[swift-evolution] [Review] SE-0026 Abstract classes and methods

Matthew Judge matthew.judge at gmail.com
Fri Mar 4 11:02:12 CST 2016

Let's say I DON'T have a framework that requires me to supply a subclass of
(class) Foo to do something useful, instead I have a framework that
requires me to have my class conform to (protocol) Foo... my problem with
your "2 things vs 1 thing" argument is that it assumes that the subclassing
has to happen in the first place.

I'm not convinced that using protocols in this way is a better solution
than an abstract class, but as protocols develop the POP argument isn't
necessarily "subclass and conform" it's "conform instead of subclass" - so
1 == 1

I do think that a proper evaluation of abstract classes cannot be done
without examining what Swift would look like with protocols expanded to
fill a similar role (which of the two approaches would add more complexity,
which would be more powerful, etc.)

On Thu, Mar 3, 2016 at 4:26 PM, Evan Maloney <emaloney at gilt.com> wrote:

> > On Mar 3, 2016, at 4:21 PM, Matthew Judge <matthew.judge at gmail.com>
> wrote:
> >
> > Not necessarily commenting for or against abstract classes, but the
> following logic confuses me:
> >
> > "ONLY an abstract class, ON ITS OWN, can force concrete subclassers to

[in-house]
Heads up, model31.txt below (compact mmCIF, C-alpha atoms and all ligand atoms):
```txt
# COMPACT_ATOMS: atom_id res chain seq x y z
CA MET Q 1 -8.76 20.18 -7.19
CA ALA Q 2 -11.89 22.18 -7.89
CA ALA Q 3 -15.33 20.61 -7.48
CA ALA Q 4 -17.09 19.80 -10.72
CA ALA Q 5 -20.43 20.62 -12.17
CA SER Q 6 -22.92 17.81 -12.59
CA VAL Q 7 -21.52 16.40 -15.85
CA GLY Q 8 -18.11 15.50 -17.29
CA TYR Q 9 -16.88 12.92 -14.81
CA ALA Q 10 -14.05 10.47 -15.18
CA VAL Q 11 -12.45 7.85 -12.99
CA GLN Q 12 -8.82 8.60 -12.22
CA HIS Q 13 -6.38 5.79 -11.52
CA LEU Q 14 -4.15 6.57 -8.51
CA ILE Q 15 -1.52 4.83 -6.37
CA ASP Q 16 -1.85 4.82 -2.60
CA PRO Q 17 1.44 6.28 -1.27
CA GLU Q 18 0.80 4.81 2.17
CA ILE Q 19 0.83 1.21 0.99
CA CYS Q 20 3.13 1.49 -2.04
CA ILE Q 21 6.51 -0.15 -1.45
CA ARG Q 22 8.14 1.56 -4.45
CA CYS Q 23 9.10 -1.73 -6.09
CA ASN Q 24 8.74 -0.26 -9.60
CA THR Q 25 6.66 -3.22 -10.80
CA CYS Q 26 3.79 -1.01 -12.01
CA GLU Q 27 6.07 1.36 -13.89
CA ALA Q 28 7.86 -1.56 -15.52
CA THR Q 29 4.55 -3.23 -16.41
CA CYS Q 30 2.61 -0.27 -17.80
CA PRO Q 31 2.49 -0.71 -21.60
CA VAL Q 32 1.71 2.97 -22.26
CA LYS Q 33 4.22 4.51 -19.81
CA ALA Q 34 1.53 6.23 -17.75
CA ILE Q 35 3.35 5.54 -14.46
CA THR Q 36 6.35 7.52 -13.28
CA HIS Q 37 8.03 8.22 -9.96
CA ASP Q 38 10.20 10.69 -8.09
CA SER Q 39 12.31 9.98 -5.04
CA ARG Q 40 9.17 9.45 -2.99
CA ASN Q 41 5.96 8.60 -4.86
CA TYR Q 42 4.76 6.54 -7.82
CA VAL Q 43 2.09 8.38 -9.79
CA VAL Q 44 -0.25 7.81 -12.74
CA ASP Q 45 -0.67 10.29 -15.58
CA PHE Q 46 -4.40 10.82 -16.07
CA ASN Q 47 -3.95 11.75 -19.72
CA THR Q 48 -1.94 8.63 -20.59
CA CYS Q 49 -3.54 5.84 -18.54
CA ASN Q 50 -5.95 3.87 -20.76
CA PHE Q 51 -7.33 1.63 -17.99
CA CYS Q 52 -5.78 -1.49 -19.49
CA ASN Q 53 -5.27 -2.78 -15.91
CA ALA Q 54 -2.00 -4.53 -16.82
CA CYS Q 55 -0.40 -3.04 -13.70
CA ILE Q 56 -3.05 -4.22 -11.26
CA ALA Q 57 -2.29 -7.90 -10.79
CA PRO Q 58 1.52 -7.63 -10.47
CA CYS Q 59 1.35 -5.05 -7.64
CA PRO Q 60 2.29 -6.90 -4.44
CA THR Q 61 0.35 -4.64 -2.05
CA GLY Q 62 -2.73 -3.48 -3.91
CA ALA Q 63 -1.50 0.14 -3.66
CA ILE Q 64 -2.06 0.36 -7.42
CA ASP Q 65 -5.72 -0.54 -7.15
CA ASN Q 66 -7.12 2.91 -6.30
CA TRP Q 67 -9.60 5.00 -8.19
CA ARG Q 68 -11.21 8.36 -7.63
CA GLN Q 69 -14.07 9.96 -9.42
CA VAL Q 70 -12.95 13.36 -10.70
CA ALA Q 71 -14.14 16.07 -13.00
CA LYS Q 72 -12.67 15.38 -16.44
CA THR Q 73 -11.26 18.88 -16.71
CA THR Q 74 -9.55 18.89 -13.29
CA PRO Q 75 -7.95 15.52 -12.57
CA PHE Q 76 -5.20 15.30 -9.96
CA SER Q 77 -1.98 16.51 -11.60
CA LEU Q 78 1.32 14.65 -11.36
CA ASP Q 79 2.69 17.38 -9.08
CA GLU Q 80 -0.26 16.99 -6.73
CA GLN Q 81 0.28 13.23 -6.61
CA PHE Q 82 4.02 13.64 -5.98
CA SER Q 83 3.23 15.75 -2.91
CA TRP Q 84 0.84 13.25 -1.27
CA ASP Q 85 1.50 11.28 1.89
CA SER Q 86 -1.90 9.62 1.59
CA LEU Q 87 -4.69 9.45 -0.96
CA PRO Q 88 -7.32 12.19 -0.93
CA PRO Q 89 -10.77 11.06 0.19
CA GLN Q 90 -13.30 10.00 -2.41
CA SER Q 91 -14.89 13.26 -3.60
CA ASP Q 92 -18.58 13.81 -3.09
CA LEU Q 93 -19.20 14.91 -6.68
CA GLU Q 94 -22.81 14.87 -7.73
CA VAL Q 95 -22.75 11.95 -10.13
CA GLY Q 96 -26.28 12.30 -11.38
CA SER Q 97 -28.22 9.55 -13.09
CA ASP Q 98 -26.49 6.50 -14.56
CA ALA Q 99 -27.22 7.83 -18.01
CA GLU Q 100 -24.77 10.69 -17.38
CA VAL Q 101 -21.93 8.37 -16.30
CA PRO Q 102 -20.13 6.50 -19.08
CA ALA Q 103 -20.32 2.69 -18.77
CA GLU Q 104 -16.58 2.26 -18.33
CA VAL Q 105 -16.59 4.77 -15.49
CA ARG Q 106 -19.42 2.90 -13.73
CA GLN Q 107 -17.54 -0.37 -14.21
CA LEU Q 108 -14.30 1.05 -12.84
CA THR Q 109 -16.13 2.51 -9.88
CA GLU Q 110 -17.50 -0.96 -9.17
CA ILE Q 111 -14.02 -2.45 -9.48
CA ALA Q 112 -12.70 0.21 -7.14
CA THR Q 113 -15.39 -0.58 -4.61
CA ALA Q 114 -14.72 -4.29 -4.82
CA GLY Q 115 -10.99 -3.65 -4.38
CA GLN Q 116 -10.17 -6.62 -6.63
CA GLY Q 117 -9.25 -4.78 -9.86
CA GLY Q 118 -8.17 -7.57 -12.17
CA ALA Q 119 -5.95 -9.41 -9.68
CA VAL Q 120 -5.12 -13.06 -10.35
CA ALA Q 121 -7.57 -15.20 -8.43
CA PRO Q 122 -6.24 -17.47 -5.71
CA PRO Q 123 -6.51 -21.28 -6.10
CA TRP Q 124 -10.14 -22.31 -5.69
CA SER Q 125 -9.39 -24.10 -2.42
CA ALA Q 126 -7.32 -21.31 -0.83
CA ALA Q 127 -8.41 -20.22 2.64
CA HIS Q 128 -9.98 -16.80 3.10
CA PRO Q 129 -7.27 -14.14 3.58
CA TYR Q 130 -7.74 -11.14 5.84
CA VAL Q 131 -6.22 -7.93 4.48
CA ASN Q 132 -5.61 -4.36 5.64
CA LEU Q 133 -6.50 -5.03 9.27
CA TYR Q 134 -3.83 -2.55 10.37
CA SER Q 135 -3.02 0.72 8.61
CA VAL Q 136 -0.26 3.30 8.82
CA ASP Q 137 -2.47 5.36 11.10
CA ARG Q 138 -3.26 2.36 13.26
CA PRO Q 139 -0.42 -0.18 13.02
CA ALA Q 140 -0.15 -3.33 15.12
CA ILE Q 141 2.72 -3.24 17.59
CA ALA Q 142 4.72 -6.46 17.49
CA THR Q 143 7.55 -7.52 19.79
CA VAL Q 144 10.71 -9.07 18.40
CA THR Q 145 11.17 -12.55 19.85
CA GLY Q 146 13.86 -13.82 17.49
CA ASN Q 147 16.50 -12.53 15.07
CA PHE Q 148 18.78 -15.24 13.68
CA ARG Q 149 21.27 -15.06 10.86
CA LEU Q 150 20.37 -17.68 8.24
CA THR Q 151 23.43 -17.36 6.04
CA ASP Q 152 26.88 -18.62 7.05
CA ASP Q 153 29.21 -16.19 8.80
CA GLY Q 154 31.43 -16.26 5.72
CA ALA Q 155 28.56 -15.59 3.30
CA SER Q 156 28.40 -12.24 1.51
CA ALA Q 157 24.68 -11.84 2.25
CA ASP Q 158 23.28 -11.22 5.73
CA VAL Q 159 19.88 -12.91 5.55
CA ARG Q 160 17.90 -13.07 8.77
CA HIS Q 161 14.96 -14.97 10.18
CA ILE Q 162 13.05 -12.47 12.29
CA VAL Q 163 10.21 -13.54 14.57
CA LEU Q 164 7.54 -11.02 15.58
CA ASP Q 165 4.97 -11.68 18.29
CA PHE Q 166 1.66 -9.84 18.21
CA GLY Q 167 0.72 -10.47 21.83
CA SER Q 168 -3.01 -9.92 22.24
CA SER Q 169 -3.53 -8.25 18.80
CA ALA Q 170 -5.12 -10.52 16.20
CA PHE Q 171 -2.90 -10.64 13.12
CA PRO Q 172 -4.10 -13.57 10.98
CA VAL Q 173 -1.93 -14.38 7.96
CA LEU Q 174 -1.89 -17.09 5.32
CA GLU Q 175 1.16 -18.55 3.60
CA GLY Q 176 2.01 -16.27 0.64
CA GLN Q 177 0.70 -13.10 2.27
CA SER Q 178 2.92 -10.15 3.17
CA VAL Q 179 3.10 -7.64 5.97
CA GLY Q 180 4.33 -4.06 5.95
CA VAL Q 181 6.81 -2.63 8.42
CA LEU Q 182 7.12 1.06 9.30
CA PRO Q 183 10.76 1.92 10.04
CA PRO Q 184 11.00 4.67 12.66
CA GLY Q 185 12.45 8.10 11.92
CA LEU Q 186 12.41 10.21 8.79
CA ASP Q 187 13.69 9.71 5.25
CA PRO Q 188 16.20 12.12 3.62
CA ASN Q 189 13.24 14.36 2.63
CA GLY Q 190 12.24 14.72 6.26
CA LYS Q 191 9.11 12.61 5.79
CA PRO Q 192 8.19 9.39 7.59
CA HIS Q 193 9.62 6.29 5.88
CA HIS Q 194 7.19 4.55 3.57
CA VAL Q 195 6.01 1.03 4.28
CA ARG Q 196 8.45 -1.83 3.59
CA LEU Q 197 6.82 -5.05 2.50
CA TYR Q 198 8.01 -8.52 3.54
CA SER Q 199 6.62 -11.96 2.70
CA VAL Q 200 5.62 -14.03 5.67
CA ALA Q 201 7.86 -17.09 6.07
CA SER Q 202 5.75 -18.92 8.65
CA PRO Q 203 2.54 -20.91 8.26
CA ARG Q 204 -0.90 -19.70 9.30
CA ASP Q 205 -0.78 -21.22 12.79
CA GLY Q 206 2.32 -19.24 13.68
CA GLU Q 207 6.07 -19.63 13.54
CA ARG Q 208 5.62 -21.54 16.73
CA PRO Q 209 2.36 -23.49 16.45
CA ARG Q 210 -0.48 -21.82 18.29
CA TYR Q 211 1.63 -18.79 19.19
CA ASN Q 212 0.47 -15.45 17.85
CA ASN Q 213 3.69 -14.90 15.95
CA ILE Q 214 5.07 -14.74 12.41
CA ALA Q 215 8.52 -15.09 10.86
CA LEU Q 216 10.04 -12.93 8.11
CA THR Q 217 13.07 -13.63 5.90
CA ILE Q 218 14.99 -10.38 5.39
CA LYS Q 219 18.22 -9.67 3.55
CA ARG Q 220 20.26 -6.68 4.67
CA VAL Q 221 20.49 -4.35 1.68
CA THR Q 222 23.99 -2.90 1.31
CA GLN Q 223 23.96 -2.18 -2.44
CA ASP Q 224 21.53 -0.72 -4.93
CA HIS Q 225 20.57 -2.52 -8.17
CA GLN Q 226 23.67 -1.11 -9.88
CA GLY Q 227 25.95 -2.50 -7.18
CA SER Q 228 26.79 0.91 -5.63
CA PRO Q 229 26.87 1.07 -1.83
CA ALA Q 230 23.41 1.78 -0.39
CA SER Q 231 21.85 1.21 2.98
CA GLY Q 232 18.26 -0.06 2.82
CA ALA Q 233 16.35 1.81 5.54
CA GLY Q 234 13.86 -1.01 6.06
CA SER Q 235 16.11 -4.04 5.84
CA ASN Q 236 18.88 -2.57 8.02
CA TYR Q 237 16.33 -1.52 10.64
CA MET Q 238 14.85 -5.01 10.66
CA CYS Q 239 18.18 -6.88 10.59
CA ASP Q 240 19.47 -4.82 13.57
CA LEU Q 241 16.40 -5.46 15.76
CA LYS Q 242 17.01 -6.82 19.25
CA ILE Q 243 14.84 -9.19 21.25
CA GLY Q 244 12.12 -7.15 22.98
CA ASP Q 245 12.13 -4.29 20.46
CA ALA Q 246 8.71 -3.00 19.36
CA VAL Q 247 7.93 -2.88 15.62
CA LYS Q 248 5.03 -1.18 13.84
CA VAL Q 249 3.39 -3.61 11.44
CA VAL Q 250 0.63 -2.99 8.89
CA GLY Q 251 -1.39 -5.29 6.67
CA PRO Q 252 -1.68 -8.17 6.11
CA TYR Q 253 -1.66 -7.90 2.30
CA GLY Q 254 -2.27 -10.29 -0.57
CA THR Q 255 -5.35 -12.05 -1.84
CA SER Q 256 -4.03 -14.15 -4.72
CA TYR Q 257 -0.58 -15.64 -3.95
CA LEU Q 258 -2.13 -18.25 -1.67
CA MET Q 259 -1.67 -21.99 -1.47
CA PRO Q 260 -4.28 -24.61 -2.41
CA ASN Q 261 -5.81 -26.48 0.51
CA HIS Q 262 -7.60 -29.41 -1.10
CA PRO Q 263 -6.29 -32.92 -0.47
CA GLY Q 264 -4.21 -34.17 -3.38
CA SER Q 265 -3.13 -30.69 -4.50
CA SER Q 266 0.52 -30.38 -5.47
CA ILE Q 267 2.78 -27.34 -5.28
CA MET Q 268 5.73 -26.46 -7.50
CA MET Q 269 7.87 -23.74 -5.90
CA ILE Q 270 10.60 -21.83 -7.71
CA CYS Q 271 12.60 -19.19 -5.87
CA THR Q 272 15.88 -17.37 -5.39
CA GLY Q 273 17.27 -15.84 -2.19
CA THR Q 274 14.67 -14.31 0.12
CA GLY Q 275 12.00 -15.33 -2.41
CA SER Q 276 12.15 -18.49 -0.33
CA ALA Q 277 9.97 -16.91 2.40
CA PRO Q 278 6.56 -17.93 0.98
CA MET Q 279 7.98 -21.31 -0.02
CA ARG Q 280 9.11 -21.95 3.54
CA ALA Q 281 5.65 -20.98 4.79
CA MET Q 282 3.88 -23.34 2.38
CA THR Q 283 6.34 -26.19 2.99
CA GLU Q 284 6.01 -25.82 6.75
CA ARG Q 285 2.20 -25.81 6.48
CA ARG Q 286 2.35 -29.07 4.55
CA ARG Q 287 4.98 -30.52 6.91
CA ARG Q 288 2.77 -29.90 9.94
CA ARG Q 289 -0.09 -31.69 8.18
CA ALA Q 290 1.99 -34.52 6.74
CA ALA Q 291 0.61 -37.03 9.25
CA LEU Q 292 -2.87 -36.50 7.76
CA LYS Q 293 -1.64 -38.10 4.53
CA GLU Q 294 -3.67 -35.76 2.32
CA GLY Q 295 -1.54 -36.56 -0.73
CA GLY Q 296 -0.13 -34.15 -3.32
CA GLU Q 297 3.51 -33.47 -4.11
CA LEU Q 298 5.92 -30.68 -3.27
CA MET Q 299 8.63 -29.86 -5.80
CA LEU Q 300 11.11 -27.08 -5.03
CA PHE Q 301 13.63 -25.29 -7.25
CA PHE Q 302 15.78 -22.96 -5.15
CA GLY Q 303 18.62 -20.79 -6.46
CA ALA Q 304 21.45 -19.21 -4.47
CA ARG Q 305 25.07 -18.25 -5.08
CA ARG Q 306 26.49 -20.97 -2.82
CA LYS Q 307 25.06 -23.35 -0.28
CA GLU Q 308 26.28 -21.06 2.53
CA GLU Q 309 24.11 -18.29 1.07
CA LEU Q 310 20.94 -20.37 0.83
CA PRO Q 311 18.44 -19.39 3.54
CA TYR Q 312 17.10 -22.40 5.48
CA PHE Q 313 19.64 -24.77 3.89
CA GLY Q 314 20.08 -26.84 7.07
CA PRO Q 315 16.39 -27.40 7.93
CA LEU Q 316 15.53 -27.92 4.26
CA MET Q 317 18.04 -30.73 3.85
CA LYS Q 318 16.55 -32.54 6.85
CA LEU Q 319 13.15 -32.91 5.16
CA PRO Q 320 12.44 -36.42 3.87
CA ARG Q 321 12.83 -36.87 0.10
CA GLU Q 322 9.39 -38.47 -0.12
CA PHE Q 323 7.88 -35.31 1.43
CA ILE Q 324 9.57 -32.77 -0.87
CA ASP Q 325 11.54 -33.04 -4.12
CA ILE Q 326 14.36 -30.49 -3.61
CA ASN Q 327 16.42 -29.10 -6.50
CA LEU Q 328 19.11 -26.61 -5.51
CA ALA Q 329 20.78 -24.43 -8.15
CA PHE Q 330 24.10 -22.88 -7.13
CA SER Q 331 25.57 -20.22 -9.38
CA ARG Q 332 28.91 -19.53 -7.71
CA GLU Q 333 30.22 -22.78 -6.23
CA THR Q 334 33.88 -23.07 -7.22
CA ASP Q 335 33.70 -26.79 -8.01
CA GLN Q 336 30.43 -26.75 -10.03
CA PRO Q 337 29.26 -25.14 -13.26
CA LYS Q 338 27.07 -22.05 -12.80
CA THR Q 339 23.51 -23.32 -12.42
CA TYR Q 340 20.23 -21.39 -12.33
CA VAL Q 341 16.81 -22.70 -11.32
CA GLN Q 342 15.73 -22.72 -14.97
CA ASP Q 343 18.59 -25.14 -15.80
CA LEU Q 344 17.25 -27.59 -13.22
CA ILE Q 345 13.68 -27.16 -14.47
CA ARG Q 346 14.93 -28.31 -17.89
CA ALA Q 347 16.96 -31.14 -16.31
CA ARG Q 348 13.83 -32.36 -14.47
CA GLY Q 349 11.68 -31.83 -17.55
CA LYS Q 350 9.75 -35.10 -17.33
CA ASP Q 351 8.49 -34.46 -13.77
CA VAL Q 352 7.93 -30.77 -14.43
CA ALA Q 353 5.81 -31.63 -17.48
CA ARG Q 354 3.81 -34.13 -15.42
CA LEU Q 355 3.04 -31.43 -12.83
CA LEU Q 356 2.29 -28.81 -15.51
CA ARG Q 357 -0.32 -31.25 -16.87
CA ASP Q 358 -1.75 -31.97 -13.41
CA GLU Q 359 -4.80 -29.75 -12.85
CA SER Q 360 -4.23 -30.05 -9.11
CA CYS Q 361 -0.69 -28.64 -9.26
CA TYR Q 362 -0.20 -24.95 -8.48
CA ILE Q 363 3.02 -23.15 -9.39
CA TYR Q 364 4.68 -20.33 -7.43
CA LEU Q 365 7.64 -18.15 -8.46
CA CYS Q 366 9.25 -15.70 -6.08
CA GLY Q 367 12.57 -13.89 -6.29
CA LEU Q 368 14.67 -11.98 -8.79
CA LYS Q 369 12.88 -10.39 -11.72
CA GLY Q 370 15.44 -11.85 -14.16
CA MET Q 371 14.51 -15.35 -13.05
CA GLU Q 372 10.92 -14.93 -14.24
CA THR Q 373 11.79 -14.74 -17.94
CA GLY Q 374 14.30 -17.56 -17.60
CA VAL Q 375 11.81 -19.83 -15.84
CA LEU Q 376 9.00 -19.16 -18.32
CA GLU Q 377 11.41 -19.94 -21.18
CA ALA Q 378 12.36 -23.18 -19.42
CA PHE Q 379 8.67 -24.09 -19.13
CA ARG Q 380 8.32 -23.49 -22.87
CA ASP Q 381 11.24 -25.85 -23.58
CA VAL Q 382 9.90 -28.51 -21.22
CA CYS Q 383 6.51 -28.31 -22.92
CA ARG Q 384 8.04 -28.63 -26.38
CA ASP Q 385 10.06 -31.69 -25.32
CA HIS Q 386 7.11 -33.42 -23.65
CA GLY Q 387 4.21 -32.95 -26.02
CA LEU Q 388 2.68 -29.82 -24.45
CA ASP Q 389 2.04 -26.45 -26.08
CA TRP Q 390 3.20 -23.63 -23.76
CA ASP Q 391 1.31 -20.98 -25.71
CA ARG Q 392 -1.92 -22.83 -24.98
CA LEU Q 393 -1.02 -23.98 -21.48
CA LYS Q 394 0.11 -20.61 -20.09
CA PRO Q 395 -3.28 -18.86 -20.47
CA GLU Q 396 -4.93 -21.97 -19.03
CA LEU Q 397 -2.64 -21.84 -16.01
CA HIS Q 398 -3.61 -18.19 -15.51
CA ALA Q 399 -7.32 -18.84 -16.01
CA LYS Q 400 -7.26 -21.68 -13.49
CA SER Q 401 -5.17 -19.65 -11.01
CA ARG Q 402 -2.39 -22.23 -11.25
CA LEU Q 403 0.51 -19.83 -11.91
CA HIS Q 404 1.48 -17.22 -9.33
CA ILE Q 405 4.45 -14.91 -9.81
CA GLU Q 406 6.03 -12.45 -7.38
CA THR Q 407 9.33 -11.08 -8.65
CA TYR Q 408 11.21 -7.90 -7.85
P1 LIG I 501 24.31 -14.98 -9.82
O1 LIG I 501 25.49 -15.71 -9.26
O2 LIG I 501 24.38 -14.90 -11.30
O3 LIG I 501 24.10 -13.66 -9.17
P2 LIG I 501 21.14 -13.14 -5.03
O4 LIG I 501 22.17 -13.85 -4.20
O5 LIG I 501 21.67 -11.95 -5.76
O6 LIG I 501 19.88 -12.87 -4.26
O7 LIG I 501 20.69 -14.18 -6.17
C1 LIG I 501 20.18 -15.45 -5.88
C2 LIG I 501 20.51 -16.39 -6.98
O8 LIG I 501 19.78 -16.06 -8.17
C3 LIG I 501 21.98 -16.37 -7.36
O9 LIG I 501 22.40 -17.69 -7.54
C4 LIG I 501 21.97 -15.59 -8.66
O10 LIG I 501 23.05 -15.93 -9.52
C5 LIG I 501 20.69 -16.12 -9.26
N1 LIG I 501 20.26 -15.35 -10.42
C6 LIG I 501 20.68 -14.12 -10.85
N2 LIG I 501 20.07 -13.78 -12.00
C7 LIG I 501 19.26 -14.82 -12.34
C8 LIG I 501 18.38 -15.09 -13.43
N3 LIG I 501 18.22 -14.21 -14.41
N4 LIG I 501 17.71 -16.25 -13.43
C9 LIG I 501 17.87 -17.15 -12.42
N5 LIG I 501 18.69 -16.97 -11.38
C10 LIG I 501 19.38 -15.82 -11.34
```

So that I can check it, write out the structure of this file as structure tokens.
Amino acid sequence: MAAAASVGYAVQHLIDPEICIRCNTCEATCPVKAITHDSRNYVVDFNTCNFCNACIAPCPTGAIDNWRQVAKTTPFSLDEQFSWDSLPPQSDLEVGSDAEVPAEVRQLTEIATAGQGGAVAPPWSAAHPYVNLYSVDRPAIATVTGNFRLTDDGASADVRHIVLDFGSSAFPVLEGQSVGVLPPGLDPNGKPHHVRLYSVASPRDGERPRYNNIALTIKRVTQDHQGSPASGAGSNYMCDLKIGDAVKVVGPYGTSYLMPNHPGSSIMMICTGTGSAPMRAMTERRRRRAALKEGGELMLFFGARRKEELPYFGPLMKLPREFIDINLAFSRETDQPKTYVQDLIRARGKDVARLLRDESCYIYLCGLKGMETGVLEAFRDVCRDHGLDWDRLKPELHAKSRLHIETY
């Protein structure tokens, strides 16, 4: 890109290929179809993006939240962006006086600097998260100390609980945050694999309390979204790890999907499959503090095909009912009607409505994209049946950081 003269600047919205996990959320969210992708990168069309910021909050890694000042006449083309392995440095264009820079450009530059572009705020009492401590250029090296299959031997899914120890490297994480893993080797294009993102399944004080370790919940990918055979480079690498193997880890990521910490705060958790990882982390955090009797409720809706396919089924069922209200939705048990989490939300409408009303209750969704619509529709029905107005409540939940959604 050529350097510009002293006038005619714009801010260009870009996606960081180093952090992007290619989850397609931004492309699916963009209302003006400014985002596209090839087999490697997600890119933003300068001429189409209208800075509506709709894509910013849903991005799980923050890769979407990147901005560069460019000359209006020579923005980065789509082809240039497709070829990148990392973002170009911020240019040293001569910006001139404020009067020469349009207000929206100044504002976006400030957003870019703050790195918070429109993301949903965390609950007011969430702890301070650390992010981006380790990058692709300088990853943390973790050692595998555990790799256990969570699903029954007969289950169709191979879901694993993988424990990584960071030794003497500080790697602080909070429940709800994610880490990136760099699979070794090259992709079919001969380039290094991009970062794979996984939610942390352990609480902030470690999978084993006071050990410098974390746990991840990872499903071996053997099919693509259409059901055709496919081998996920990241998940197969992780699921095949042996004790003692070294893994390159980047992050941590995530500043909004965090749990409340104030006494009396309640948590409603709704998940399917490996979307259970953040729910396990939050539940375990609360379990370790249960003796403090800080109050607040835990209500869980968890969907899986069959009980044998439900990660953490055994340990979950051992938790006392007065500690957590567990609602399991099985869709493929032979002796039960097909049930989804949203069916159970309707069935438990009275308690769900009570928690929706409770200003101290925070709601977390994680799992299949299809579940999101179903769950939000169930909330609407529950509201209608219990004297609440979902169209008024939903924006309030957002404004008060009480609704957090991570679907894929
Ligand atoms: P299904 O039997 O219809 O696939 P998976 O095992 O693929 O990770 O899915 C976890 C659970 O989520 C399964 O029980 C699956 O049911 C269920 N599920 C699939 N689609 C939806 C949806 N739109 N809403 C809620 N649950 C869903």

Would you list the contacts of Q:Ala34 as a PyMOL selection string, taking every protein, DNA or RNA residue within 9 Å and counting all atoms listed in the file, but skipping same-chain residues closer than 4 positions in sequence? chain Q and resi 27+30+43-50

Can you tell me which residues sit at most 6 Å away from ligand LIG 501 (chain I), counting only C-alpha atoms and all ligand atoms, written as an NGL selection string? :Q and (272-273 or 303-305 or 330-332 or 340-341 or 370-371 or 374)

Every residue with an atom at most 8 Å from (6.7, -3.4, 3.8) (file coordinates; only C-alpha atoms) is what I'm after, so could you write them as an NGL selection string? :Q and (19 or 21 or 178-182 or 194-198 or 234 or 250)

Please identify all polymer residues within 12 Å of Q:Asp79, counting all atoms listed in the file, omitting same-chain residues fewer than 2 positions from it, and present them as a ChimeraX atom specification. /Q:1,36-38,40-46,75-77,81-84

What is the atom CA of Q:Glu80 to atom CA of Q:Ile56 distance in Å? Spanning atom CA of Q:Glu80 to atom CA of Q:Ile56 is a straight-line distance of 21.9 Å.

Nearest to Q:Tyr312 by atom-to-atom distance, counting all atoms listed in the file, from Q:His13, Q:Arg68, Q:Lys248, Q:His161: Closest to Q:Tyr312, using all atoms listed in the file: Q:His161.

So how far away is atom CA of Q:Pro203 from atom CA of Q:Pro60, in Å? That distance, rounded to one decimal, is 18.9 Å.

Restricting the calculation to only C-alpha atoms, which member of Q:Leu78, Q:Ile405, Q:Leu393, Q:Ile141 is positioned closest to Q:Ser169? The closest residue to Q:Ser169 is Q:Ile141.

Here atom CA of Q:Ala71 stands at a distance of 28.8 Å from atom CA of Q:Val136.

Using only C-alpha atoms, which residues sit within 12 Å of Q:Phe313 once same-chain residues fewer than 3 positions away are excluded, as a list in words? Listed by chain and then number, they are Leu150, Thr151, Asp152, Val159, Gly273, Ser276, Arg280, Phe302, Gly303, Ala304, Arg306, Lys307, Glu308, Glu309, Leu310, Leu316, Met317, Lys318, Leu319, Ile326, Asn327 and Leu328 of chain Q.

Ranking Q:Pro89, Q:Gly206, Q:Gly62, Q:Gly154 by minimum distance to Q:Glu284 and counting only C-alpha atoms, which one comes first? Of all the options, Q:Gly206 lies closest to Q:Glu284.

> provide an implementation for a given thing.
> >
> > Protocols can't do this, because if you forget to declare conformance
> with the protocol, the compiler can't enforce anything. This pushes what
> could be caught at compile-time to a runtime (potentially crashing)
> problem."
> >
> > What is the difference between forgetting to declare conformance to a
> protocol and forgetting to subclass an abstract class? An abstract class,
> ON ITS OWN, cannot force a class to do anything unless that class declares
> itself a subclass of the abstract class.
> It's the difference between forgetting to do two things and forgetting to
> do just one.
> Let's say I have a framework that requires me to supply a subclass of Foo
> to do something useful.
> With abstract classes, I just need to subclass Foo, and the compiler tells
> me what implementations I need to provide.
> With the protocol-based "solution" being proposed, I need to subclass Foo
> *and* I need to remember to declare conformance to FooProtocol. Then and
> only then can the compiler enforce anything.
> 2 != 1
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